Bacchanalia’s evolution has been both meteoric and erratic. In six years, what was once a series of indulgent brunches evolved to a full-fledged restaurant at the Masonic Club, which has now shifted along buzzing Hong Kong street all while transitioning between chefs and cuisines. In the midst of all this business, it has managed to whip up a Michelin star for two years straight.

Now, young blood pumps through Bacchanalia with a new owner, a new chef, and again, a different cuisine.

 

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The 26-year-old owner Lim Kian Chun, co-founder of hospitality group Ebb & Flow, is eager to get two Michelin stars. Heading his ambitious goals is the equally-youngish Vianney Massot who was introduced last year as head chef of the now-shuttered L’Atelier de Joel Robuchon.
Young blood, however, doesn’t mean contemporary ideas. The duo has decided on the tried-and-true path to Michelin stars: fine-dining with all its formalities, a small restaurant dressed to the nines, and run by chefs with their toque blanches busying about.

Having toiled in Robuchon restaurants for more than a decade, Bacchanalia’s latest chef has inherited his late mentor’s eye for perfection in French cuisine. But as much as he tries to find his own individuality, Massot is very much still living in Robuchon’s shadow.

Ambience:
What’s left of Bacchanalia v2.0 is the open kitchen, first initiated by former chef Ivan Brehm, meant to break traditional barriers between kitchen and diners. Brehm carried the idea over at his own restaurant, which opened last year, and it has certainly worked in his favour.

But Massot is a stickler for tradition.

Today, it’s simply a restaurant that’s flipped front to back. The open kitchen, which has now swallowed up the entire front of its shop house, is invaded by chefs and cooks in their stiff whites buzzing from one station to another.

Regulars of L’Atelier de Joel Robuchon will find the checkered floors of the kitchen very familiar. But similarities don’t just end there. The dining room at the back dons a near-identical carpet of swirls, and tables see neatly arranged Zalto wineglasses and the same gold Bernardaud plates that might set a trypophobe in fits.

Chef’s table can be found along the dark corridor leading to the more spacious dining room at the back. The latter might prove a more comfortable dining experience with relative privacy.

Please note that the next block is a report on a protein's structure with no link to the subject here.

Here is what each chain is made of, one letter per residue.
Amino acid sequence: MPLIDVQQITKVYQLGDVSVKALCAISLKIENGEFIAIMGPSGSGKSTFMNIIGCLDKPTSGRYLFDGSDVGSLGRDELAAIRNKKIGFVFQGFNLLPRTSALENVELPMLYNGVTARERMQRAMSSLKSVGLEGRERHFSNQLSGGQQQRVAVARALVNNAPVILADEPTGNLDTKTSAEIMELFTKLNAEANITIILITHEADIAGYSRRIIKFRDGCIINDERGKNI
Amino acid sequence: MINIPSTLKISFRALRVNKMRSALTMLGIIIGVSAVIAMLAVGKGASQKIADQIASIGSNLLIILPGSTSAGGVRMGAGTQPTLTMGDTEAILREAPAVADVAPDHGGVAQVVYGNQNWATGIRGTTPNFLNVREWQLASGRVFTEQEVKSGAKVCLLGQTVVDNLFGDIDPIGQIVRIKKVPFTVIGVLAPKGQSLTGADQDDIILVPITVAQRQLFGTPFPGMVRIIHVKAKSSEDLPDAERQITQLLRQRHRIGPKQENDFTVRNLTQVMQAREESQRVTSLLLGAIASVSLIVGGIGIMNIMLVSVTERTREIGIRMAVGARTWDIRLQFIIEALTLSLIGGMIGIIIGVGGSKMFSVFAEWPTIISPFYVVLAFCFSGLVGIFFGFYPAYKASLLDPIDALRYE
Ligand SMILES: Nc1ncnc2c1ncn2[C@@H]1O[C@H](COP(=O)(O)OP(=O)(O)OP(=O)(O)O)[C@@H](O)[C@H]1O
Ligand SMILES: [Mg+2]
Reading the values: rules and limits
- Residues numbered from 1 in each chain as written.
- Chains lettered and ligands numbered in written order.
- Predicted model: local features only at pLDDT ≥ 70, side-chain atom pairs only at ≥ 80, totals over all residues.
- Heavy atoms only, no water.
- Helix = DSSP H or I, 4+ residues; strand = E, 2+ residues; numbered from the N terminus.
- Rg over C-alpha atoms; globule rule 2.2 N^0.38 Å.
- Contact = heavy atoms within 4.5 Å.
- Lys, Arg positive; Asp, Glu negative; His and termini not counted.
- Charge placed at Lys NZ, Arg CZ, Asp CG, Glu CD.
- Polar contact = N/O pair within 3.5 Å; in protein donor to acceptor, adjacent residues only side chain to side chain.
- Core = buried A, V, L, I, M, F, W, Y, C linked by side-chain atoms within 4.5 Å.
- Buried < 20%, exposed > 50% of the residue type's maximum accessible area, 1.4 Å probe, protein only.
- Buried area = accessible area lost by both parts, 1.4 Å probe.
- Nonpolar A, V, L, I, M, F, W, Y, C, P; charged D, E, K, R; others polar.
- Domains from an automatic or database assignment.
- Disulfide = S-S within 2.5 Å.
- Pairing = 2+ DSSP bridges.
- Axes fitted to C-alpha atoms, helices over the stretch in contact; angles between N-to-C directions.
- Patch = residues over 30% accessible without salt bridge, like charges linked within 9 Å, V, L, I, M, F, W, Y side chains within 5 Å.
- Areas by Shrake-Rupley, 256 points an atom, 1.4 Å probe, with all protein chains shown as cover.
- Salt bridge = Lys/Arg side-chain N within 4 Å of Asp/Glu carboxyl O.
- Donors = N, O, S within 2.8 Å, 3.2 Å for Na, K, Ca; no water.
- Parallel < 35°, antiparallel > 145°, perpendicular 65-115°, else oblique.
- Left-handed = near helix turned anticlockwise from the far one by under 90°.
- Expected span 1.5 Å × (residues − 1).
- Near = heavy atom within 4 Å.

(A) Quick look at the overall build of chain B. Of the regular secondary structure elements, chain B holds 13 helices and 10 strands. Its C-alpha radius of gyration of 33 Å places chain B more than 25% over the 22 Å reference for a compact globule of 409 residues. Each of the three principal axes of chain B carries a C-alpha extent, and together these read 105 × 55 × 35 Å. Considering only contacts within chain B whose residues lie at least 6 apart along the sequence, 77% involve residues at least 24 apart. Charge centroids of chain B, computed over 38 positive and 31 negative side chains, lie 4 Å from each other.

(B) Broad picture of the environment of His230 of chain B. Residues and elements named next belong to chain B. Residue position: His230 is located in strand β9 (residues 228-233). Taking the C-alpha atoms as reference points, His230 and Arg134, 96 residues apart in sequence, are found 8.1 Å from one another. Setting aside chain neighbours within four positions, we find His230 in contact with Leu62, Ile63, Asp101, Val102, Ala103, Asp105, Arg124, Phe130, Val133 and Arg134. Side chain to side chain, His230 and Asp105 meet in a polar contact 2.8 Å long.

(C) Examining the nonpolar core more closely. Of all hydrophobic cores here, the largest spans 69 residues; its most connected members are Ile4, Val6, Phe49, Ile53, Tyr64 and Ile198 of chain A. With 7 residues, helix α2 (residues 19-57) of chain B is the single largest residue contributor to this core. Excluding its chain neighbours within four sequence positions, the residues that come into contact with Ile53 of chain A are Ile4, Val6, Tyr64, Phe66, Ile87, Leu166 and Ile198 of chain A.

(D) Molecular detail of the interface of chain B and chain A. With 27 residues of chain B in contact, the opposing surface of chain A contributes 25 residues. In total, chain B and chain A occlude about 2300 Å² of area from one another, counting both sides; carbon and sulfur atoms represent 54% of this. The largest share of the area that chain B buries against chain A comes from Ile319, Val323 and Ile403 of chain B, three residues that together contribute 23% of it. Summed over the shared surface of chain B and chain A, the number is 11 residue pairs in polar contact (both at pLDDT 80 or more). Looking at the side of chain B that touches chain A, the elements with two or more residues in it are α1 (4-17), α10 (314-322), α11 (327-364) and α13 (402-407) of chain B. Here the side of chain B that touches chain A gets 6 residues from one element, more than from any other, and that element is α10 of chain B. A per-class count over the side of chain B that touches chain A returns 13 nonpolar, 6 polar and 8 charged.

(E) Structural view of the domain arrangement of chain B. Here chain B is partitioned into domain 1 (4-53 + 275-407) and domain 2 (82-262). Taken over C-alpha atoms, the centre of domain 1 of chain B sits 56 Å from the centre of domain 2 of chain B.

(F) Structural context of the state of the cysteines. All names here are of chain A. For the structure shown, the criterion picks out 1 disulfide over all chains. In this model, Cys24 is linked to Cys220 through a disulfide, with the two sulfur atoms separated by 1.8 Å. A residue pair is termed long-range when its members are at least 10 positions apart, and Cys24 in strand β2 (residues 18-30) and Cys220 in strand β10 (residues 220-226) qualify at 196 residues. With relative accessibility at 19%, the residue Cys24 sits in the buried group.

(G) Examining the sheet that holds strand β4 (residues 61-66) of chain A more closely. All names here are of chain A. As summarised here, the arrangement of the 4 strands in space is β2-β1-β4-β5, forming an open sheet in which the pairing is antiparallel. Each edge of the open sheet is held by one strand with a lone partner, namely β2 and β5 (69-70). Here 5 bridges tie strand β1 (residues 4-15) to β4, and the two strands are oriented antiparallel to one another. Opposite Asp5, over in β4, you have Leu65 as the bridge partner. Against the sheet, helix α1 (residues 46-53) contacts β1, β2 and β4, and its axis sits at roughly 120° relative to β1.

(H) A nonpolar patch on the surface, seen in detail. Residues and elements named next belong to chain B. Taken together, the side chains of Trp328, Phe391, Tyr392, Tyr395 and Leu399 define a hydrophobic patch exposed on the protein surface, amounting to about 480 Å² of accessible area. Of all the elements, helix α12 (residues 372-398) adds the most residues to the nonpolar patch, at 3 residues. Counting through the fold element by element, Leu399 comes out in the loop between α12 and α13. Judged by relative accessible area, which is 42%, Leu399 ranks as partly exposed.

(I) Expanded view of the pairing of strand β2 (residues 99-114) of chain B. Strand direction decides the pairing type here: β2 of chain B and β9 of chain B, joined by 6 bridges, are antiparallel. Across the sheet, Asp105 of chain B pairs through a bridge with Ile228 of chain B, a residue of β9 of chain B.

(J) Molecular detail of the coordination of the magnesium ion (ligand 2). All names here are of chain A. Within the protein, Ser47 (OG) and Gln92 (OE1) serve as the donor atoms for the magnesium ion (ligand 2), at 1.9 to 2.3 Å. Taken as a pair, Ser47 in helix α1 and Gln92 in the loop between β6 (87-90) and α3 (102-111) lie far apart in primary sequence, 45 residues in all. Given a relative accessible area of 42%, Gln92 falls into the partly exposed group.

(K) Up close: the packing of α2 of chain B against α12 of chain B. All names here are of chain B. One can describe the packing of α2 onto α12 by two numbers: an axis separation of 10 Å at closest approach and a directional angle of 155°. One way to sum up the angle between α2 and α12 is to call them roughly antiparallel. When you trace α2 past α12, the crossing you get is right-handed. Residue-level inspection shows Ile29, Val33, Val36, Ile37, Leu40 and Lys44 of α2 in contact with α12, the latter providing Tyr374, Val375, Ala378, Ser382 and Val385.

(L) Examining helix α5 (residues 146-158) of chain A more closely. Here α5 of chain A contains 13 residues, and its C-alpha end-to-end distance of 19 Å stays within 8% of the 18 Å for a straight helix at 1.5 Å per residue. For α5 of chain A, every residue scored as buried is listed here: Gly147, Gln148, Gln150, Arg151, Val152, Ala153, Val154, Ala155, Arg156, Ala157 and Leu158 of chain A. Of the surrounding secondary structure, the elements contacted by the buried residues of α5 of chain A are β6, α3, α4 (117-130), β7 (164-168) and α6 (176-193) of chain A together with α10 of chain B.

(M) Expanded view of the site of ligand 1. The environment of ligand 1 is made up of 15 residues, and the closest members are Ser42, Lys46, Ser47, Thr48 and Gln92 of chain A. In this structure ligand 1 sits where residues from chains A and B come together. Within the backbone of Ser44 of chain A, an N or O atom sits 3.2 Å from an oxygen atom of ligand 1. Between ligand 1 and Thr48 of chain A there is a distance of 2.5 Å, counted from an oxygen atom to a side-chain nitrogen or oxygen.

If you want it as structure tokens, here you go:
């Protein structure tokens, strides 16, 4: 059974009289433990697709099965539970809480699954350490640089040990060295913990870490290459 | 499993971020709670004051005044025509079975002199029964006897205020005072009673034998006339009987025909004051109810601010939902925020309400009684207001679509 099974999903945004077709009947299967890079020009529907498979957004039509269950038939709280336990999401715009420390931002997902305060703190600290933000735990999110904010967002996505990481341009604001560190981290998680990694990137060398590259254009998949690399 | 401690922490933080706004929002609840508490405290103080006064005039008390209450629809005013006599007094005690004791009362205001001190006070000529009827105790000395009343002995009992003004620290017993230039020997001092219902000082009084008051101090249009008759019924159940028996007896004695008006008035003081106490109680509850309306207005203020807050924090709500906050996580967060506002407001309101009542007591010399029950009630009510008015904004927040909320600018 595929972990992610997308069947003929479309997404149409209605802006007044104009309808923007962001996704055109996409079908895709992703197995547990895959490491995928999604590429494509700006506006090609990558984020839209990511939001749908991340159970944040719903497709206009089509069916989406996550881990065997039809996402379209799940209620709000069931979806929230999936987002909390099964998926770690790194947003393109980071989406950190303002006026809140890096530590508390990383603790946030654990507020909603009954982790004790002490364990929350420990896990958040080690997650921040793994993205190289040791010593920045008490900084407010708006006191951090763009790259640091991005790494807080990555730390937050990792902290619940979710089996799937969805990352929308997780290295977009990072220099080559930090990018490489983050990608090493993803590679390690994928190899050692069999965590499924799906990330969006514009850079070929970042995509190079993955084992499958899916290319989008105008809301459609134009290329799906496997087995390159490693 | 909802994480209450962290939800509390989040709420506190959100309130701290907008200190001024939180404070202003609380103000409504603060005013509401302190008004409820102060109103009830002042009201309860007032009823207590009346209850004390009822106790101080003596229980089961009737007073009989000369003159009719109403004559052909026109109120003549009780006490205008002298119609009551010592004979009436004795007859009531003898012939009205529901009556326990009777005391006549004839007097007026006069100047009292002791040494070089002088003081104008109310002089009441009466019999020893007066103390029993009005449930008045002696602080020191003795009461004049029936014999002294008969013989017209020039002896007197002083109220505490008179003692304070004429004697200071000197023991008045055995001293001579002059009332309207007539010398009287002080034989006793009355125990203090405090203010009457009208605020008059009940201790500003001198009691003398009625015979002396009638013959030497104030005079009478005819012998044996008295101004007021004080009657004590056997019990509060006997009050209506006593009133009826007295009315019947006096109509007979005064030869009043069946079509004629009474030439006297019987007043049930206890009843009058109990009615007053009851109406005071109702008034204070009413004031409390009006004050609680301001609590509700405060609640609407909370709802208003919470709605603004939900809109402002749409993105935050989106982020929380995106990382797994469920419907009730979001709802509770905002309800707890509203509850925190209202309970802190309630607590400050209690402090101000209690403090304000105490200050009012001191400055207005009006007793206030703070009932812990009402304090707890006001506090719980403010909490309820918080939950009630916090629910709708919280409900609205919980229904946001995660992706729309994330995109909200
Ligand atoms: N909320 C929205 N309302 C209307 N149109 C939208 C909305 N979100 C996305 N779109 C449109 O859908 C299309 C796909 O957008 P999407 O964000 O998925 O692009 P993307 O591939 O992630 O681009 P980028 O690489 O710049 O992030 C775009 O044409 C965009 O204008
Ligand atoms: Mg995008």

Food:

The cuisine at Bacchanalia is undeniably French, but Massot changes things up with hints of Asian influences and ingredients. As with the design of the restaurant, Joel Robuchon’s influence makes frequent appearances, say his signature bread basket, filled with brioche, baguettes, braids and all sorts of rolls, served with Beillevaire butter to diners here.

The amuse bouche, by Massot’s admission, is an homage to his old mentor. Massot’s foie gras custard with port wine is a nod to the famous Le Caviar dish, albeit with different ingredients. Elegantly piped corn puree, followed by dots of parsley oil, circle around white truffle shavings and popcorn with gold leaf.

As much as possible, he weaves in produce from around the region. There’s ravioli of a fat Hokkaido scallop, dressed with a luscious lobster sauce spiked a little with Sarawak black pepper and a drizzle of chili oil to brighten it up.

In another, the Alba white truffle tagliatelle is a great way to savour the season’s hairy crabs without going through the hard work of digging through shells. The male crabs are rendered into a creamy vibrant sauce over the pasta with slivers of sweet crab roe.

Of his original dishes on the menu, Le Cepe is a winner. Alternating slices of porcini mushroom and eggplant offer textural contrast over delicate feuilletine disc hiding underneath. The dish is accompanied with shavings of parmesan and an intense mushroom consommé, served tableside, for sipping in between bites.

Concluding mains is Massot’s attempt at appealing to Singaporean diners: a chicken rice-inspired dish. Sous-vide Bresse chicken is served with ivory sauce, baby mushrooms and carrots. It’s good cooking, the meat is tender and flavourful. But it’s also try-hard: it comes along with an unnecessary dish of risotto as a side just to further prove its humble origins.

 

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Dessert, on one hand, is a light respite from a richly-flavoured series of dishes. First, diced pineapple and passionfruit is served with a heady granita of rum, but finds balance with light coconut foam. The last dessert is a great pick-me-up to shake one off an incoming food coma. The punchy combo of orange and bergamot sorbet is soothed out with earl grey tea jelly and light vanilla cream.

Verdict:
One would wonder what’s in Bacchanalia’s name. Perhaps, it’s just the star. There’s no doubt in anyone’s mind that the cooking at Bacchanalia, under Joel Robuchon’s protégé would be anything less than perfection. But it bears repeating: good food is no longer enough. Massot has all the fixings for a Michelin star, or two, at Bacchanalia. But he needs to rethink everything, and find that there’s much more to restaurant success than modelling after a great establishment. There’s great potential in Massot, and it is certainly exciting to see what’s coming up for him in the future. In the meantime, he needs time to find his own identity.

Opening Hours:
Tuesday to Saturday
12:00pm – 2:30pm, 6:30pm – 10pm

Recommended dishes:
Seven-course degustation

Noise Level:
Moderate at lunch

Service:
Relatively attentive

Jasmine Tay
Senior Writer
Jasmine Tay is the dining, culture and jewellery writer. She makes fine silver jewellery and causes mini-explosions in the kitchen when she can't afford fancy dinners. Sometimes she tells people what she thinks about art, and binges on the music of Danzig when they don’t agree.